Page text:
Tuesday, March 15, 2011
The Schengen travel area and Irish sovereignty
We’ve heard a lot about the fear of losing our sovereignty during the recent economic disruption. Most people would acknowledge that membership of the EU involves exactly that but at least this was by the consent, even the desire, of the great majority of Irish voters.
So why then is it taken as an article of faith that Ireland should have opted out of the Schengen agreement, which guarantees passport free travel to those citizens who live in most EU states? More importantly, it also means that tourist and business visitors to Europe, notably from the two important present-day economic blocs, China and India, can move freely within the Schengen area by obtaining a single, Schengen, visa. To travel to Ireland from, for example, France these individuals would have to apply for a separate Irish visa, which many do not regard as worth the trouble. There is evidence that the Republic is losing out economically because of the loss of wealthy tourists and customers for services from outside the EU, because of this requirement.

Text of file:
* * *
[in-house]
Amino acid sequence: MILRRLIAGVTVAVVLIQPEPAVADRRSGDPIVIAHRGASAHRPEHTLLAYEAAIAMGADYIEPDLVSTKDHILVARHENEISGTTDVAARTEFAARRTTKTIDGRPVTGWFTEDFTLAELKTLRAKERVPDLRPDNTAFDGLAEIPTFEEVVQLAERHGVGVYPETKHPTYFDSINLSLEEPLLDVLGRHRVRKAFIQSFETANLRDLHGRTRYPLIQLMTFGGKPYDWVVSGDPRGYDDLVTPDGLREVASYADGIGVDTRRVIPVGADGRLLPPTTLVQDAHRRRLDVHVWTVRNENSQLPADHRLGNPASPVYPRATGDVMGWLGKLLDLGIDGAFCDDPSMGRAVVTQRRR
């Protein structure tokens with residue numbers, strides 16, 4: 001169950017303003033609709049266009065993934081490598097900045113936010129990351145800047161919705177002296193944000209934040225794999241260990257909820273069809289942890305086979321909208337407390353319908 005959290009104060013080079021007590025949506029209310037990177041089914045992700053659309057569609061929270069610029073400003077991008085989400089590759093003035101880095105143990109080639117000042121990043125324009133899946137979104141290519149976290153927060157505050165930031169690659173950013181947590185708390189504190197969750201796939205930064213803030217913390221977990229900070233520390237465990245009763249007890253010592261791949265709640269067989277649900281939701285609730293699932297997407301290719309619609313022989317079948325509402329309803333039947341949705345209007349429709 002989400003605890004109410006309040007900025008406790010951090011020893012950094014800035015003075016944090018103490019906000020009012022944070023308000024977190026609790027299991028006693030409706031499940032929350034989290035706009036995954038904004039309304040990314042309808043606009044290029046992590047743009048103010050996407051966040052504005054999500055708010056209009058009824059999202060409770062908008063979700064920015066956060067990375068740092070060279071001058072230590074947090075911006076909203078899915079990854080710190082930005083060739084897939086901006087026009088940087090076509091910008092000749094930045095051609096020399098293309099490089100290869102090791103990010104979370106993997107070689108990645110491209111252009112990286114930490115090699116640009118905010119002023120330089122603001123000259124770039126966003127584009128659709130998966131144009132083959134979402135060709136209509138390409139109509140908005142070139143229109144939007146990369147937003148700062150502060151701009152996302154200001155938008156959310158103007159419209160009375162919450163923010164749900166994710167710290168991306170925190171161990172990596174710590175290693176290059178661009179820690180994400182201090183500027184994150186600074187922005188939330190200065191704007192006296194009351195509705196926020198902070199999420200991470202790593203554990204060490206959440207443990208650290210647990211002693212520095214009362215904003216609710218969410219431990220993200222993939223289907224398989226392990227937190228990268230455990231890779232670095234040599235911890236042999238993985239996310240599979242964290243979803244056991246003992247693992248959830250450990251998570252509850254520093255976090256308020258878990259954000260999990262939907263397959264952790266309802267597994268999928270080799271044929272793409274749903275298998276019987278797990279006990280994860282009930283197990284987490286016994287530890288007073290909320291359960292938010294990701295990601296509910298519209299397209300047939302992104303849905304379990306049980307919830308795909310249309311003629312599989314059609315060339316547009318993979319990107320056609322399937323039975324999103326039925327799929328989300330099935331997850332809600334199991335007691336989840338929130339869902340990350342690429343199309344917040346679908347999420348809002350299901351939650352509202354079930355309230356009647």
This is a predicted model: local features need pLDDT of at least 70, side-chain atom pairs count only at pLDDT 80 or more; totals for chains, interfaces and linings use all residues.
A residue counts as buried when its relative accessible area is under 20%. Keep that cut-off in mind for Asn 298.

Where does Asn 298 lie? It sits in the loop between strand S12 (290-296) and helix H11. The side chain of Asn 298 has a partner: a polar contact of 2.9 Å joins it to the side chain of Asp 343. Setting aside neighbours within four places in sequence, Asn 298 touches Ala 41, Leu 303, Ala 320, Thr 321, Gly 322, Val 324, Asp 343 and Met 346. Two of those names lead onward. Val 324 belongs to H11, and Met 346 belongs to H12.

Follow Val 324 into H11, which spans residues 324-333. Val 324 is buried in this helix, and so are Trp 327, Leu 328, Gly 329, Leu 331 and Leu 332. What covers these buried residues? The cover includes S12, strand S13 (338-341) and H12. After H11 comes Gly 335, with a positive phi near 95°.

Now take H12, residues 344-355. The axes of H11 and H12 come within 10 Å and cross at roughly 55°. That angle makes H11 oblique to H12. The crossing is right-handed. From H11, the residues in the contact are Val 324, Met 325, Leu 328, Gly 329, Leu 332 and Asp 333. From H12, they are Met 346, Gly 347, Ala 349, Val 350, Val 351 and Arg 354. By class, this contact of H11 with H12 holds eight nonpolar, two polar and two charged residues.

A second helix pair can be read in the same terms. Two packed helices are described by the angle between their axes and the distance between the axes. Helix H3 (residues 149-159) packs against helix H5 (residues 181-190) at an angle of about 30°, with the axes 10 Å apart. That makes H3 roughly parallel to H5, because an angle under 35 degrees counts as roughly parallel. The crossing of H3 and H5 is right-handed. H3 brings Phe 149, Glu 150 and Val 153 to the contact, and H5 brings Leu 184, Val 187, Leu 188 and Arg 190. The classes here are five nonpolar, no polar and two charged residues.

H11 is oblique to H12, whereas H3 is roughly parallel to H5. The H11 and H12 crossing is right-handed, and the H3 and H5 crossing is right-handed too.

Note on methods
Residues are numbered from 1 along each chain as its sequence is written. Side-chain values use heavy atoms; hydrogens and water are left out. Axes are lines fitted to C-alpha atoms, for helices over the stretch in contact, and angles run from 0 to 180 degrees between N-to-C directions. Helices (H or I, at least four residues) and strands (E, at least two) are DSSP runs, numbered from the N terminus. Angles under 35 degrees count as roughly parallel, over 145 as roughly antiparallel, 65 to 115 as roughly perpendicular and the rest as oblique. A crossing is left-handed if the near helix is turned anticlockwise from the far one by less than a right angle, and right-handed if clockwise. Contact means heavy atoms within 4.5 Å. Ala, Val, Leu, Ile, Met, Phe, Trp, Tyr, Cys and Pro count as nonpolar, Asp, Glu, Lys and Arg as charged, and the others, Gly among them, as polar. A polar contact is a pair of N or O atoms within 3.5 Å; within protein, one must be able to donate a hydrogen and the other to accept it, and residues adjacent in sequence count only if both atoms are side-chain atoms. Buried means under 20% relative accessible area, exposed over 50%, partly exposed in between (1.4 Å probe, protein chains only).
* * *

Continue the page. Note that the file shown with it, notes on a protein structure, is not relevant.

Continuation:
The only reason we are not in Schengen is because the UK objects to it and if the Republic were to join passports would have to be shown at the border with Northern Ireland. While this would be onerous, it is not a sufficient reason for the Republic to have acquiesced to UK travel policy without, at least, a debate on the matter. Where is our sovereignty in this instance?